Cazadora by Romina Garber

The Cazadora cover, featuring a girl, Manu, being split in two by her inner wolf. Manu's hair grows into wild foliage, all set against a bloodred background.

If you enjoy magical realism, you will love Romina Garber’s newest book in the Wolves of No World series. Netgalley gifted me a free e-ARC of the sequel, Cazadora, and I was so excited to jump in and finish the series! In the follow-up to Lobizona, Romina Garber continues to weave Argentine folklore and real-world issues into a haunting, fantastical, and romantic story that will reunite readers with Manu and her friends as they continue to fight for a better future.

“That’s why every new generation makes improvements.”

First of all, I love that this book was filled with Spanish aphorisms and phrases, and includes vocabulary in-context to help teach Spanish to non-speakers. As someone who is constantly trying to improve my Spanish, this is something I really appreciate seeing in new books. Garber does it well, allowing the reader to infer meaning from context clues without needing to use a translator. However, I can also really appreciate having the translation dictionary available if I do need it, conveniently built into my e-reader. It saves a lot of time not having to click out of the book, and as a visual learner I enjoy seeing side-by-side translations because it really helps me to understand spelling and pronunciation.

The first book Lobizona raised important questions on issues like gender, sexuality, and the complications that arise for Latin-Americans who grow up caught between two cultures. In the same way that Manu and her Ma tread between being Argentinean Americans, Manu must find balance between her human and werewolf sides. In the world of Lunaris, gender roles still dominate the culture: girls are Brujas and boys are Lobizónes. Manu is one of the first female werewolf’s and she has to overcome the “narrow and outdated approach to identity” that permeates Lunaris culture. Even the fast that her “irises are yellow suns and pupils are silver stars” contain contrasting symbolism that foreshadows the male-female dichotomy within her.

“After everything we’ve been through, the one thing I’m sure of is, I’ve found where I belong.”

Identity is a large theme in both of the books: Manu wants to belong, but must, above all things, learn to be true to herself. Manu feels as if she is “pretending”: because she must walk a fine line between Bruja and Lobizon for most of the story, she feels as if she doesn’t truly belong. ”Just holding this paperwork makes me feel like less of a forgery.” Though she is forced out of her comfort zone, the path she finds herself taking is essential to her growth and leads her to finding out who she truly is and where she truly belongs.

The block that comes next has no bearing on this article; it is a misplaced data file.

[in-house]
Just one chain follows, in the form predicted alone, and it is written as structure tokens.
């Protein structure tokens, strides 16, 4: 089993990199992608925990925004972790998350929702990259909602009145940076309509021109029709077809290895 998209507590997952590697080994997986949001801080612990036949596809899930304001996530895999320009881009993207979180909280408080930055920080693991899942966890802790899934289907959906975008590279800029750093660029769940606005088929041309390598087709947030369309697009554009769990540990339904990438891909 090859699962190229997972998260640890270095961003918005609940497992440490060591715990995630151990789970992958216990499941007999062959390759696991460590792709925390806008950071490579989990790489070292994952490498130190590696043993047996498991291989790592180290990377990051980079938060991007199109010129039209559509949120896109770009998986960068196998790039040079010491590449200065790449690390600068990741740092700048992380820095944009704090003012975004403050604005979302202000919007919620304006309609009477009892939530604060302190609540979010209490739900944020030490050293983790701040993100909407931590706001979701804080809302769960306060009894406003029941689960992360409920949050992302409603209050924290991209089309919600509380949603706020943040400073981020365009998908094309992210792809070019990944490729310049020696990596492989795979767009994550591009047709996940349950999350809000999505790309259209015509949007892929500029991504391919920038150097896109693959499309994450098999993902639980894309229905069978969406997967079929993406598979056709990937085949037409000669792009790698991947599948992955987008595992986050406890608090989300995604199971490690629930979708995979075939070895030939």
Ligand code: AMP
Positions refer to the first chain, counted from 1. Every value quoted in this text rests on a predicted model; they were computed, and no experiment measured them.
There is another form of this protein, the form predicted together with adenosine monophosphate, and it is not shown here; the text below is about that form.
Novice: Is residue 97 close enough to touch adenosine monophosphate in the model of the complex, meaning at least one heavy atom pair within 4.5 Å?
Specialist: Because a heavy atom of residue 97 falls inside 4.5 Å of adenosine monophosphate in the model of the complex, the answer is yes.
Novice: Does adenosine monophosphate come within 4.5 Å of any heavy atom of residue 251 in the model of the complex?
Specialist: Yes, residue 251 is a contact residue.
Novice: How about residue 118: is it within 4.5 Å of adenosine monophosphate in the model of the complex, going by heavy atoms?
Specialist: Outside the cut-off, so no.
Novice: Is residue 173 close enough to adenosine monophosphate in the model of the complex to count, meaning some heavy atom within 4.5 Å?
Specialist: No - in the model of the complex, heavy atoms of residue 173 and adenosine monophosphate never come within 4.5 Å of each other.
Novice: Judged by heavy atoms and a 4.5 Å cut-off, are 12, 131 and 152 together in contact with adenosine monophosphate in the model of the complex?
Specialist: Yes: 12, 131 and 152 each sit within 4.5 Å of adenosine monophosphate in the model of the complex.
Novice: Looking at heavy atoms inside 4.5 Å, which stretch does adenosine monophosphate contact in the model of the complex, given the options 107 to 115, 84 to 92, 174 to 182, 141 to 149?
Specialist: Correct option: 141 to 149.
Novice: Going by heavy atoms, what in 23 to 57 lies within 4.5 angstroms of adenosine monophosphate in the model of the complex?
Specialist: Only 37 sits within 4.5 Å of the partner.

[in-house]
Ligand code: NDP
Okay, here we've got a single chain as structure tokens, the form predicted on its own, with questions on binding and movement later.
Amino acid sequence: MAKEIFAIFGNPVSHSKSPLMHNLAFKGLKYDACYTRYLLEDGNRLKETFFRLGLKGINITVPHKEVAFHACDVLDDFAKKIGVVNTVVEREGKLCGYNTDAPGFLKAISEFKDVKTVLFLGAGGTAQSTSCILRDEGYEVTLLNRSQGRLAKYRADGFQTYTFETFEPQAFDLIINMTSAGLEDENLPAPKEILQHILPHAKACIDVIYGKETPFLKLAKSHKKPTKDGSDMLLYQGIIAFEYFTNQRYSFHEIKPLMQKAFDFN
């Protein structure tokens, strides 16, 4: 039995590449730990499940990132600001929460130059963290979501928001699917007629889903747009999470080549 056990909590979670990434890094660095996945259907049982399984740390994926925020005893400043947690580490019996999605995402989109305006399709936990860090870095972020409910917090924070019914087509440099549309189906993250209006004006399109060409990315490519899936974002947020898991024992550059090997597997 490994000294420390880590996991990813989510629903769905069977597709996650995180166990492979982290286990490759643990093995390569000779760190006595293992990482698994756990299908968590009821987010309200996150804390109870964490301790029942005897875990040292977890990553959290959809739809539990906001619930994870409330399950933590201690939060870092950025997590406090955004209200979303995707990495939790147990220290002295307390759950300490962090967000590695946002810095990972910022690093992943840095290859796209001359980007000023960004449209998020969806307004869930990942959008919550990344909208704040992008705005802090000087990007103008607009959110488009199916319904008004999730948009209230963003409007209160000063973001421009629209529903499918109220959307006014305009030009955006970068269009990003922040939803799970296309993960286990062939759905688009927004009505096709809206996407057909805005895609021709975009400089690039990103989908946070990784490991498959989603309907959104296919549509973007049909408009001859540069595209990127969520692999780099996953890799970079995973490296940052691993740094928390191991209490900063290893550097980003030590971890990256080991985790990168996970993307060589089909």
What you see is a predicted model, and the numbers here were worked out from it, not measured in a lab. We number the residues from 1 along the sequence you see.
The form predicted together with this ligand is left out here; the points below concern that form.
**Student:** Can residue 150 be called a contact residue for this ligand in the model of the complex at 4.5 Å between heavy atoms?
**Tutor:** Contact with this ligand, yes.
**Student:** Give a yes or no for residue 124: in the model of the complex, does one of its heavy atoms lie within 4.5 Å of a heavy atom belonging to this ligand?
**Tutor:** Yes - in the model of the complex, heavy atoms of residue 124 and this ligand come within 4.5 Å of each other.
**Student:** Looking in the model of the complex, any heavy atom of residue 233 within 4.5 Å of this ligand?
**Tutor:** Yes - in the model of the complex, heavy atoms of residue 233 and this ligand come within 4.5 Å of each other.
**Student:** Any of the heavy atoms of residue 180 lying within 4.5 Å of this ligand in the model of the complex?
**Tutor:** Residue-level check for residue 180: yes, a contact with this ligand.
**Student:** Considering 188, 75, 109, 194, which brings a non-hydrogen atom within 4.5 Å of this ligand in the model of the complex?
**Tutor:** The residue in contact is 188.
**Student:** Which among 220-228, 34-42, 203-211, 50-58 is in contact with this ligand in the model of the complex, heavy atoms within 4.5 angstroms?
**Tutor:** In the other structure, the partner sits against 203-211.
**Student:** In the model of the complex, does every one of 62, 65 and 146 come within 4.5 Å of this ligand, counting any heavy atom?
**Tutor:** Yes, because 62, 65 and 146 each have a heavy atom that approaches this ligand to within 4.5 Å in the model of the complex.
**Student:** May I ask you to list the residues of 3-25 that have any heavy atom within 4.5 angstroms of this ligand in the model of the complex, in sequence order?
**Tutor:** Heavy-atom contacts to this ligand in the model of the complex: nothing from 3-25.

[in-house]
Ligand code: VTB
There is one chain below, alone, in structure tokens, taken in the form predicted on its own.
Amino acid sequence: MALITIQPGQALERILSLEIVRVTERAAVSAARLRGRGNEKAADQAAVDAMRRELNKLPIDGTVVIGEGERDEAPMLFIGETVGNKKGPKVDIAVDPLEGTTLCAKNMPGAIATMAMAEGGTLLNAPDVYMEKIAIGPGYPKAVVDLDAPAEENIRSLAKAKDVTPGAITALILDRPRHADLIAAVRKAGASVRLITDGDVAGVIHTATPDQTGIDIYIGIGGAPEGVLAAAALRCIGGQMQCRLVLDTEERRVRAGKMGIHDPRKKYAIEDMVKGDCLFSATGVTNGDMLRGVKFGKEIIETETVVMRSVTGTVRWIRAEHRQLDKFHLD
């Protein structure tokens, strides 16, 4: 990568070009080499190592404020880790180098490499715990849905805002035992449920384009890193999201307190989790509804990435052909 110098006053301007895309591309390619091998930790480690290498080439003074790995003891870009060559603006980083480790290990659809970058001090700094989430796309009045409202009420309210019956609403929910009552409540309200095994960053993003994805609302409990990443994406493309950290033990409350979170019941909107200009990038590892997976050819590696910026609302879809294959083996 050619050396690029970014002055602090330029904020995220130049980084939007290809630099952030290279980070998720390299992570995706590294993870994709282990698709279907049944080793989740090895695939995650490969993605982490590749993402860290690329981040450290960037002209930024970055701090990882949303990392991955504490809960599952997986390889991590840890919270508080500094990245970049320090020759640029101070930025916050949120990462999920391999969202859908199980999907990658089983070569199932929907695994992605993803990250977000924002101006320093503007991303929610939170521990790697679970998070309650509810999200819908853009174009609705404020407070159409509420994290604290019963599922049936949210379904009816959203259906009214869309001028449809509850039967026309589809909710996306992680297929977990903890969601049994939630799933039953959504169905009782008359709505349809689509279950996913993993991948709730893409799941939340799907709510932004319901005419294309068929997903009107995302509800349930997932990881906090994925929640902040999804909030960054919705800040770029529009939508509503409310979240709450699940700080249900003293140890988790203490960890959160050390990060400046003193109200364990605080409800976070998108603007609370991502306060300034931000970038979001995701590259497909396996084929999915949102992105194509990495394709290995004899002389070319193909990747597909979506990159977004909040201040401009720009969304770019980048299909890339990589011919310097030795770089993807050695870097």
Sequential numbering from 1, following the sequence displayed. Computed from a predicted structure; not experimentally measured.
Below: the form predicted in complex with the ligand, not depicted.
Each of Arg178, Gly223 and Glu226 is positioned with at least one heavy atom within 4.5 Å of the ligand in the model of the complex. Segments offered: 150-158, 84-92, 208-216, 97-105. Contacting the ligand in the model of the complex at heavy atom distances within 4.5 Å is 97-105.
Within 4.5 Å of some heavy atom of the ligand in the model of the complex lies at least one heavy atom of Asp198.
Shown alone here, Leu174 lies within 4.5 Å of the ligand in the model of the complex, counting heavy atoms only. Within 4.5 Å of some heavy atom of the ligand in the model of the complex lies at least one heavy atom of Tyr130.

“You’re shaming Lily for wanting to fit into society around her, which might be a natural impulse if you’re someone who has the choice to belong. But fitting in looks different when your left out by default.”

Though she is reserved at first, Manu believes she belongs in Lunaris. She makes friends with people who support her and defend her, and ultimately feels accepted once she reveals her truth. And not only do they accept her, they begin to follow her lead. When she challenges the binary norms and joins the team of boys, the desire for changes has an immediate ripple effect through her peers. The changes in Lunaris sort of echo the changes people are fighting for in American society: “schoolgirls refusing to wear dresses, Septimas charging Septibol fields, brujas protesting at La Rosada and demanding higher pay for their magic…”

“As much as I might try repressing that part of me, adopting a new culture doesn’t magically erase the old one. They get braided together.”

Memory is a another huge theme within the books. It is her memories that makes Manu who she is, but they also seem to keep Manu from embracing her true self. She is stuck in the past, and has a difficult time letting go. Though memories can be an important tool in constructing individual and cultural identity, for Manu it is crucial that she remakes her identity to embrace who she truly is instead of the person she once thought she was. She has a hard time letting go of her old life and fears, but it is essential to her character that she learn to let go of the old and make way for the new. At the same time, she must learn to embrace her past as well as her present, must learn to “bridge two realms of reality” to create and understand her identity, to understand where she comes from and where she really belongs, making this book a perfect read for anyone trying to navigate and understand their own identity.

Romina Garber author photo with bright lipstick & an industrial background.

Romina Garber 

Romina Garber is a New York Times and international bestselling author whose books include Lobizona & the ZODIAC series. Born in Buenos Aires, Argentina, and raised in Miami, Florida, Romina landed her first writing gig as a teen—College She Wrote, a weekly Sunday column for the Miami Herald that was later picked up for national syndication—and she hasn’t stopped writing since. She is a graduate of Harvard College and a Virgo to the core. Follow her on Instagram and Twitter.

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